the frequency response must be known at all frequencies. However, in practice, it is only possible to measure the electrical transfer impedance in a limited frequency range. There is a low-frequency limit, f 0 , below which it is impossible to measure the electrical transfer impedance. This is caused by the microphone’s thermal noise.16 When combined with the microphone’s very low radiation capabilities, this results in an extremely poor signal-to-noise ratio at low frequencies. On the high-frequency side, the limitations come from the capacity of the data acquisition software, which makes it possible to measure only up to a frequency f max where the electrical transfer impedance may not have decayed sufficiently. If any Fourier transform-based postprocessing is to be performed on the electrical transfer impedance, it has to be defined in the whole frequency interval, formally from ⫺⬁ to ⫹⬁ as in Eq. 共4兲, or from 0 to ⫹⬁ for a one-sided frequency response. Then, a treatment of the missing portions of the frequency response must be carried out. A. Treatment of the frequency response

The frequency response must be completed in the whole frequency domain before the inverse Fourier transform is applied. This means that the low-frequency portion 关 0,f 0 兴 and the high-frequency portion 关 f max ,⫹⬁兴 must be generated in such a way that follows the physical behavior of the function without modifying the measured electrical transfer impedance function. The procedure is shown schematically in Fig. 3. 1. Low-frequency artificial extension of the electrical transfer impedance

The missing low-frequency values can be completed by patching ideal values to the measured of the electrical transfer impedance. This solution is based on the fact that at low frequencies, diffraction and radiation impedance effects are almost negligible, and the free-field sensitivity becomes constant and almost equal to the pressure sensitivity. Thus, a lumped-parameter model can be used for generating the ideal electrical transfer impedance.17 The lumped parameters can be determined from pressure sensitivity data. The resulting patched electrical transfer impedance, Z e,12,E ( f ), is defined as Barrera-Figueroa et al.: Calibration of condenser microphones

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Z e,12,E 共 f 兲 ⫽

再

Z e,12,i 共 f 兲

0⭐ f ⭐ f 0

Z e,12,m 共 f 兲

f 0 ⭐ f ⭐ f max ,

共5兲

where Z e,12,i is the ideal electrical transfer impedance calculated from the lumped-parameter model of the microphone and Z e,12,m ( f ) is the measured electrical transfer impedance. One of the possible shortcomings of this procedure is that the effect of the reflections is larger at low frequencies. As the procedure uses an ideal, reflectionless frequency response for filling the missing part, a realistic representation of the disturbances may not be obtained, though ultimately the reflections are to be removed. Furthermore, the patching of ideal data to measured data may introduce an additional problem. The value of the electrical transfer impedance at the lowest measured frequency, f 0 , may correspond either to a maximum or a minimum of the standing wave pattern. This will introduce a discontinuity on the slope of the extended electrical transfer impedance function that may be reflected onto the impulse response. 2. Low-pass filtering of the electrical transfer impedance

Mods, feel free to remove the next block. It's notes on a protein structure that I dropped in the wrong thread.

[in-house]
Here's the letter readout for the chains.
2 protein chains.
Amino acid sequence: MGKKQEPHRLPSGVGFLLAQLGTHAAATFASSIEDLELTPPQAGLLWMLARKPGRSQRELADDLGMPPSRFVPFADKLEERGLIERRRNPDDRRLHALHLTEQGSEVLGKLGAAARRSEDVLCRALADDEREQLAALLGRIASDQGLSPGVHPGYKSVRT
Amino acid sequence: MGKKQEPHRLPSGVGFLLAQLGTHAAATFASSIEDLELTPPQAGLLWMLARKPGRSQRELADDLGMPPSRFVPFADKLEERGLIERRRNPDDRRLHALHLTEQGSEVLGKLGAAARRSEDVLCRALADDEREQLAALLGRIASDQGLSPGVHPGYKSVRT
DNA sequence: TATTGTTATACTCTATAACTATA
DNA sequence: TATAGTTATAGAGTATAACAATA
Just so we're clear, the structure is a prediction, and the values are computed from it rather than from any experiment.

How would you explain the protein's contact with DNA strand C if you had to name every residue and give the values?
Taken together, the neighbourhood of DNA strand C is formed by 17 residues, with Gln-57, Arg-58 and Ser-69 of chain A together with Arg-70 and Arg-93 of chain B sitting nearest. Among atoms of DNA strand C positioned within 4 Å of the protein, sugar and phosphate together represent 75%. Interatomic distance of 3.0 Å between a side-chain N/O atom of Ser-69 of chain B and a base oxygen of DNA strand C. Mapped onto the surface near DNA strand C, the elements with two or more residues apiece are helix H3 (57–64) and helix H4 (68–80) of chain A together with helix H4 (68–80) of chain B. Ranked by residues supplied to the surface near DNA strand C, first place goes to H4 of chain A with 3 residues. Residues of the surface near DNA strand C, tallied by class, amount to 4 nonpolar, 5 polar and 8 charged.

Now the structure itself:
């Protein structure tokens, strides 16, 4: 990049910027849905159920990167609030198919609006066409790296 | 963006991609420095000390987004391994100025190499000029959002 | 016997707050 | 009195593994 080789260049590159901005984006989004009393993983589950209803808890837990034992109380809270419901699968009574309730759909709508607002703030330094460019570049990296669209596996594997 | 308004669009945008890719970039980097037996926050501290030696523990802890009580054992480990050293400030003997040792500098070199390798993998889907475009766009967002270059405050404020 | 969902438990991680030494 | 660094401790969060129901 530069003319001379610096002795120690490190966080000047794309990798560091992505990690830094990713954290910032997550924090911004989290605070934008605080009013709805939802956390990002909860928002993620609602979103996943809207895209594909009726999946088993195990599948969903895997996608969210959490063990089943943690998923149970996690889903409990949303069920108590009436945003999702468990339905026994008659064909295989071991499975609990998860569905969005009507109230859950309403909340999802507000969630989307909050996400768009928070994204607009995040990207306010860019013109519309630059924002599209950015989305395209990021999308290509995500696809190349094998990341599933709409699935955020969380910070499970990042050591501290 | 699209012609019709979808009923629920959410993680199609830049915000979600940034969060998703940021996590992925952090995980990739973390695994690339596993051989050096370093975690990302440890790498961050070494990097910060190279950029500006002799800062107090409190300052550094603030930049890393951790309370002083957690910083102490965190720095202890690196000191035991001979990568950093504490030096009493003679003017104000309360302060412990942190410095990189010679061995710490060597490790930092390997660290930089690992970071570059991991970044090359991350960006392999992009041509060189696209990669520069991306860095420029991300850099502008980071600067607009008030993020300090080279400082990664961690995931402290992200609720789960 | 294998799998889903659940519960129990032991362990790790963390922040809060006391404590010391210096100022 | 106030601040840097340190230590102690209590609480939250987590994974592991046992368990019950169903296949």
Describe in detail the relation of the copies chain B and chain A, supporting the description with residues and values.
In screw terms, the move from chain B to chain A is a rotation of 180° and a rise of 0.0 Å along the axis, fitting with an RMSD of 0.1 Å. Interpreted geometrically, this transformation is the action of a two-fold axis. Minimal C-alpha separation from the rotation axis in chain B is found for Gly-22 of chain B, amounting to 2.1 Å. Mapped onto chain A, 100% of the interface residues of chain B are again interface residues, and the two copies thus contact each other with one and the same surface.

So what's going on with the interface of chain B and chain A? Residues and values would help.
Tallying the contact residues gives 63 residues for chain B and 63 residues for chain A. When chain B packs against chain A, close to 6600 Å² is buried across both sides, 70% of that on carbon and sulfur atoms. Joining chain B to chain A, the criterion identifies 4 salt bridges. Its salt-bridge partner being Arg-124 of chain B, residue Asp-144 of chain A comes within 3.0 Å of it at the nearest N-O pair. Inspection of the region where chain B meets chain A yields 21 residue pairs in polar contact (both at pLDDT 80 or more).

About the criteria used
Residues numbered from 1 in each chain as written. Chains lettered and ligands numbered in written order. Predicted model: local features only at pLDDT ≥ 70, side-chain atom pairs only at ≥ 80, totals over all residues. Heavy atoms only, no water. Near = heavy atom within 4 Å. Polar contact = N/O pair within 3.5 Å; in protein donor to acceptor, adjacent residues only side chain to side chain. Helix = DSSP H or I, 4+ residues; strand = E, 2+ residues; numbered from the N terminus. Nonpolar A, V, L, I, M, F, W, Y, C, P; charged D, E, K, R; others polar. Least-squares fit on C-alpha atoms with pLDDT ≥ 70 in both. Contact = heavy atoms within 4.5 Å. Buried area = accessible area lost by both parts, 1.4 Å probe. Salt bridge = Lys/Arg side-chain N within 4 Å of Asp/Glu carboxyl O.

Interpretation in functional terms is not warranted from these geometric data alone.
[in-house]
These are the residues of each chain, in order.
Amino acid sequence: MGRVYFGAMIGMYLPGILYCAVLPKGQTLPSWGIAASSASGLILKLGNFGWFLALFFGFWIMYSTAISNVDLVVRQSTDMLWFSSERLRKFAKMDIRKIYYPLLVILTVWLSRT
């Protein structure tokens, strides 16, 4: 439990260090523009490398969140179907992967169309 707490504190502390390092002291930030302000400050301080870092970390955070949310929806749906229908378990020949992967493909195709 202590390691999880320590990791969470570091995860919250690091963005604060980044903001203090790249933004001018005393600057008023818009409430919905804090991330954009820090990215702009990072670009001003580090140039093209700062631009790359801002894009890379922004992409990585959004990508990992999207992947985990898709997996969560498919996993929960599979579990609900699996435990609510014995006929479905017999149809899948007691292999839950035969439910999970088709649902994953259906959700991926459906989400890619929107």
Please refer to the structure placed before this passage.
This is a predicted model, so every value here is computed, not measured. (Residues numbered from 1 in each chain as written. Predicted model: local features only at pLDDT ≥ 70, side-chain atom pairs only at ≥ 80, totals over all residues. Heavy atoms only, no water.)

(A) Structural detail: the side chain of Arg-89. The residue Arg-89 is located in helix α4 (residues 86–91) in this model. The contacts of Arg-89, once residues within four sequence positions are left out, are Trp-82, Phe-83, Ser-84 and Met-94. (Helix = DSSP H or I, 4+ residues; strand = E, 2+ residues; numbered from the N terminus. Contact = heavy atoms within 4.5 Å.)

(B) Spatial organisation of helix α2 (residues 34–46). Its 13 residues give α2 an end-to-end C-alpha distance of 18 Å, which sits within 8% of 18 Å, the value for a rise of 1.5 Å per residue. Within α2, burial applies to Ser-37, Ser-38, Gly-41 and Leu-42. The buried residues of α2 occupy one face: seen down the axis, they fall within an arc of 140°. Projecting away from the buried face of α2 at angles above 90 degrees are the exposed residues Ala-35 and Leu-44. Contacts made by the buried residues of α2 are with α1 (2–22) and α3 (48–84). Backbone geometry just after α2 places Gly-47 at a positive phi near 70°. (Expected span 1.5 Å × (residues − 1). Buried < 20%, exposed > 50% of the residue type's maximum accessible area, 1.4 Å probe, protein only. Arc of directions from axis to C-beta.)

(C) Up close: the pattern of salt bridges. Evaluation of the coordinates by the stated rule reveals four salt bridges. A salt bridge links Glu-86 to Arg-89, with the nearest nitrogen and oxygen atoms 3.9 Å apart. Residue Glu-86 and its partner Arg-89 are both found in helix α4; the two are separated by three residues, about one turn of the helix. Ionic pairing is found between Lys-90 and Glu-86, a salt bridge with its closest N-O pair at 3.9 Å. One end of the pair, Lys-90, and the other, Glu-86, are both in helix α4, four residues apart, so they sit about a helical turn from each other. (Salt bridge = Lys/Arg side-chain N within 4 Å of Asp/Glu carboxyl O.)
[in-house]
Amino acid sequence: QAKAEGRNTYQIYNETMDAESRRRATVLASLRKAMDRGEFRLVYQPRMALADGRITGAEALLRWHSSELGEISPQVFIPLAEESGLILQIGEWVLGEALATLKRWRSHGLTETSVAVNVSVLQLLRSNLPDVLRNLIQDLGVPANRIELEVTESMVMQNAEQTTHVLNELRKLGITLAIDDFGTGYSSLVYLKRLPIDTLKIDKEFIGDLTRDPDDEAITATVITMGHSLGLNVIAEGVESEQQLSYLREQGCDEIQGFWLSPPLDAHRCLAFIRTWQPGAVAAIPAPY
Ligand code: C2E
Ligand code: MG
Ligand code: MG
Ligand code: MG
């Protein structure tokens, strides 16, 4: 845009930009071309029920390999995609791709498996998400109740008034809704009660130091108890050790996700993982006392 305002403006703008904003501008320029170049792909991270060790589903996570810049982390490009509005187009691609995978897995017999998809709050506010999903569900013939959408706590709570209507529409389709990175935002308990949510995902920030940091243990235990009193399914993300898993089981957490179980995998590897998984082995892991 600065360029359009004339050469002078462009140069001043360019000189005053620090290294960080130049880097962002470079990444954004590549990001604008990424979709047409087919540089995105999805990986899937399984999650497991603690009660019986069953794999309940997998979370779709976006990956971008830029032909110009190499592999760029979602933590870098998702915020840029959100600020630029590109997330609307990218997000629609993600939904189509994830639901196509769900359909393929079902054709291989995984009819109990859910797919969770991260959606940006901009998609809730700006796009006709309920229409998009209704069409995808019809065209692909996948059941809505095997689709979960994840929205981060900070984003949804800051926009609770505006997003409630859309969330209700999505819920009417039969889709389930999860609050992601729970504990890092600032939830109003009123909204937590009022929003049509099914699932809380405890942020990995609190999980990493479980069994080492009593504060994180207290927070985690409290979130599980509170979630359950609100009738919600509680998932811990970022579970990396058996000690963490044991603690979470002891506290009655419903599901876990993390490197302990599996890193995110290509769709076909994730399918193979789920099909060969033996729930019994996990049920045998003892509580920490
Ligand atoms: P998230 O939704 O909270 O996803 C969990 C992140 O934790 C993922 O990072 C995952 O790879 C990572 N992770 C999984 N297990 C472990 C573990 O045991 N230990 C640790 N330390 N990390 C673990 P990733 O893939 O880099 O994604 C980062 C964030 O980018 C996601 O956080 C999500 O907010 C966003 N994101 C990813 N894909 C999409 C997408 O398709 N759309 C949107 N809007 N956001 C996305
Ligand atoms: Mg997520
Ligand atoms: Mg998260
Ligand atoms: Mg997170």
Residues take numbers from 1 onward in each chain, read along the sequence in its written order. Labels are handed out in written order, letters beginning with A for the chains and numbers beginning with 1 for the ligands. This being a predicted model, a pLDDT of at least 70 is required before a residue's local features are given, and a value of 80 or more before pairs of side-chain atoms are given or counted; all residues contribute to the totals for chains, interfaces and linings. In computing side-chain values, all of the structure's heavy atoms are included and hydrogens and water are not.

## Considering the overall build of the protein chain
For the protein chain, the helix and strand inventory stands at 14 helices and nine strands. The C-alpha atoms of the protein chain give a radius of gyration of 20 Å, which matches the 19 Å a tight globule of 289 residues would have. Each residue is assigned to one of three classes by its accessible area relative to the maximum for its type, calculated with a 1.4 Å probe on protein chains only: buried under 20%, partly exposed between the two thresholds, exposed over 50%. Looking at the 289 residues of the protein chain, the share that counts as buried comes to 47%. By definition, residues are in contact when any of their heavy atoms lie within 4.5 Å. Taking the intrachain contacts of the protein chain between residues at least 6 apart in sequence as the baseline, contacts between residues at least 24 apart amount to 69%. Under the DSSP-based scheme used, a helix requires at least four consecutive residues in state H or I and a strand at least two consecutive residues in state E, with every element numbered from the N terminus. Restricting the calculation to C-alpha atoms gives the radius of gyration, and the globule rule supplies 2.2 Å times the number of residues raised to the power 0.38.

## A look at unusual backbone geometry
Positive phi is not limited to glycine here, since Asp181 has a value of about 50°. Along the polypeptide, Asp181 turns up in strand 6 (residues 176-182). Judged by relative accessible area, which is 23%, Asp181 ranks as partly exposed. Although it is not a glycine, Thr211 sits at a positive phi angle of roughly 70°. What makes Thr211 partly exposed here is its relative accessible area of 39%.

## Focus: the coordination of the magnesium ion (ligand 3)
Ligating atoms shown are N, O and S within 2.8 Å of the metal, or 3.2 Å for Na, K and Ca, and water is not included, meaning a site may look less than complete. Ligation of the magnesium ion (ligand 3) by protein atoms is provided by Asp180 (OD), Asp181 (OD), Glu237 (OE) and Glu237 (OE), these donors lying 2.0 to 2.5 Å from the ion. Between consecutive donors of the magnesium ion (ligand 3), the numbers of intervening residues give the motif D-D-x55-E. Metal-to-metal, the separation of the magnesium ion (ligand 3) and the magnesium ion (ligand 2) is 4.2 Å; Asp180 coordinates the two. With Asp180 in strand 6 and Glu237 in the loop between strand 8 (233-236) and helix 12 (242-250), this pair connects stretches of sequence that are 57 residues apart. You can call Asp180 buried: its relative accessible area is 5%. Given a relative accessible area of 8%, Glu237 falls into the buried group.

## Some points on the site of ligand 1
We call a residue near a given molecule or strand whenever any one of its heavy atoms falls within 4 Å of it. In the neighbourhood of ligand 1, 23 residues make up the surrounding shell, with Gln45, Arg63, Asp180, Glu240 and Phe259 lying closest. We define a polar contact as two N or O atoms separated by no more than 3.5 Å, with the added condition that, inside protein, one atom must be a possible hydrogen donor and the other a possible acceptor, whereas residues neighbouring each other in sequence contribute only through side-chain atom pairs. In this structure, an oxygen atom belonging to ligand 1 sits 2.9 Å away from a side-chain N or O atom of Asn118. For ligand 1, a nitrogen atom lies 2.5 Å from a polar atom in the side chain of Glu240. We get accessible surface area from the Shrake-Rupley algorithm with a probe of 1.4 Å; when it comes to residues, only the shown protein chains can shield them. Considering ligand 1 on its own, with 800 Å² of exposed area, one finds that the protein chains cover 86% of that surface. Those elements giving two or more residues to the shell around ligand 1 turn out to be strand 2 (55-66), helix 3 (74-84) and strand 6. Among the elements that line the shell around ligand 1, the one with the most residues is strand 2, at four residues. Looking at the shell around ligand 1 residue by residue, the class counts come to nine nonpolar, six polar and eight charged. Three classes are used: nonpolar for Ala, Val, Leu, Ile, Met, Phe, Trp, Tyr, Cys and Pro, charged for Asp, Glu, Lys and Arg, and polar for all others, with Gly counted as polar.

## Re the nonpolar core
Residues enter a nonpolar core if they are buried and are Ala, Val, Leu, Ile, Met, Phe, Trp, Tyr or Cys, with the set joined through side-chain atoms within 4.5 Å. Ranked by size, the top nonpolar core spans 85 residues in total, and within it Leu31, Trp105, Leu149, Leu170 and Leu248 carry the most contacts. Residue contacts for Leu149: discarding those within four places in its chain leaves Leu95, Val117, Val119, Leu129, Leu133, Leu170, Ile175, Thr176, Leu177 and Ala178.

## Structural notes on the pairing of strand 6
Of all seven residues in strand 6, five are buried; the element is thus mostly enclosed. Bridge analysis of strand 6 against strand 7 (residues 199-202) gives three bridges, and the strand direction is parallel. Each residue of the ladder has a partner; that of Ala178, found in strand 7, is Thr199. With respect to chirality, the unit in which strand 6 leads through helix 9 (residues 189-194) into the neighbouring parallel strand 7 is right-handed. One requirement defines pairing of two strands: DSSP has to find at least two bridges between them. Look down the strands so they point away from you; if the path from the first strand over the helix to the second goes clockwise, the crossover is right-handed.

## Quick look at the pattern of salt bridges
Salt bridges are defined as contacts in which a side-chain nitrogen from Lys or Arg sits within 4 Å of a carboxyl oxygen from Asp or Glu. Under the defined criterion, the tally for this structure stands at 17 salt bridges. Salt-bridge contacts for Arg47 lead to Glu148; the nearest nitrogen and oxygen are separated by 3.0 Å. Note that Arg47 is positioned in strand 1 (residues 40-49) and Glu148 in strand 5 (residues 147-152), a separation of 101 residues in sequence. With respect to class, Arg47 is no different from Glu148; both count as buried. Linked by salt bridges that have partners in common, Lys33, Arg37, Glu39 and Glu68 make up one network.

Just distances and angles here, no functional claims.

The sensitivity of a microphone tends to decay at high frequencies as a consequence of the mechanical behavior of the diaphragm. This is explained by the fact that above the resonance frequency of the diaphragm, its movement is controlled by its mass, and therefore the sensitivity approaches zero asymptotically. This behavior is also reflected in the electrical transfer impedance. It suggests the possibility of accelerating artificially this decay in the measured frequency range, provided that the upper frequency is well above the resonance frequency of the microphones. This can be done with a low-pass filter. The low-pass filtered electrical transfer impedance, Z e,12,L ( f ) is defined by Z e,12,L 共 f 兲 ⫽Z e,12,E 共 f 兲 •L 共 f 兲 ,

共6兲

where L( f ) is the low-pass filter. This filter should not alter the modulus of the electrical transfer impedance in the frequency range of concern, and therefore, ideally, it should have a value of unity in the interval 关 0,f f 兴 and zero in the rest of the whole frequency range. However, an ideal filter with these characteristics will introduce a noncausality problem on the impulse response; therefore, a causal filter should be applied instead. Such a filter, a linear-phase FIR filter for instance, can be developed by means of the techniques described in several digital signal-processing textbooks, for example in Ref. 18. B. Time-selective window

Once the missing portions of the electrical transfer impedance have been completed, the inverse Fourier transform is applied and the impulse response, z e,12(t), is obtained. The impulse response contains information about the direct wave between the two microphones, the standing wave between the microphones and the reflections from the walls of the anechoic room. In order to remove the last two effects, a time-selective window, w(t), can be applied. This timeselective window must not modify the direct wave between 1470

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the microphones, and must completely eliminate the reflections, which can be considered as attenuated, delayed replicas of the direct wave. Therefore, the time-selective window should have a value of unity in the time interval where the impulse response contains the direct wave, and zero everywhere else. The first choice may be a rectangular window. However, as this window has high sidelobes, it is expected that it will introduce some ripple in the frequency response caused by cutting abruptly the impulse response where it has not decayed completely to zero. This effect can be reduced by applying a smoothing function on the extremes of the time window. A window with smooth extremes can be generated by convolving the rectangular window with a smoothing function. Although the extremes of the window can be considerably smoothed by the convolution, the height of the first sidelobe is approximately the same as that of the rectangular window. This is a natural consequence of the generation and form of the window itself. One of the convolved windows is the Tukey window19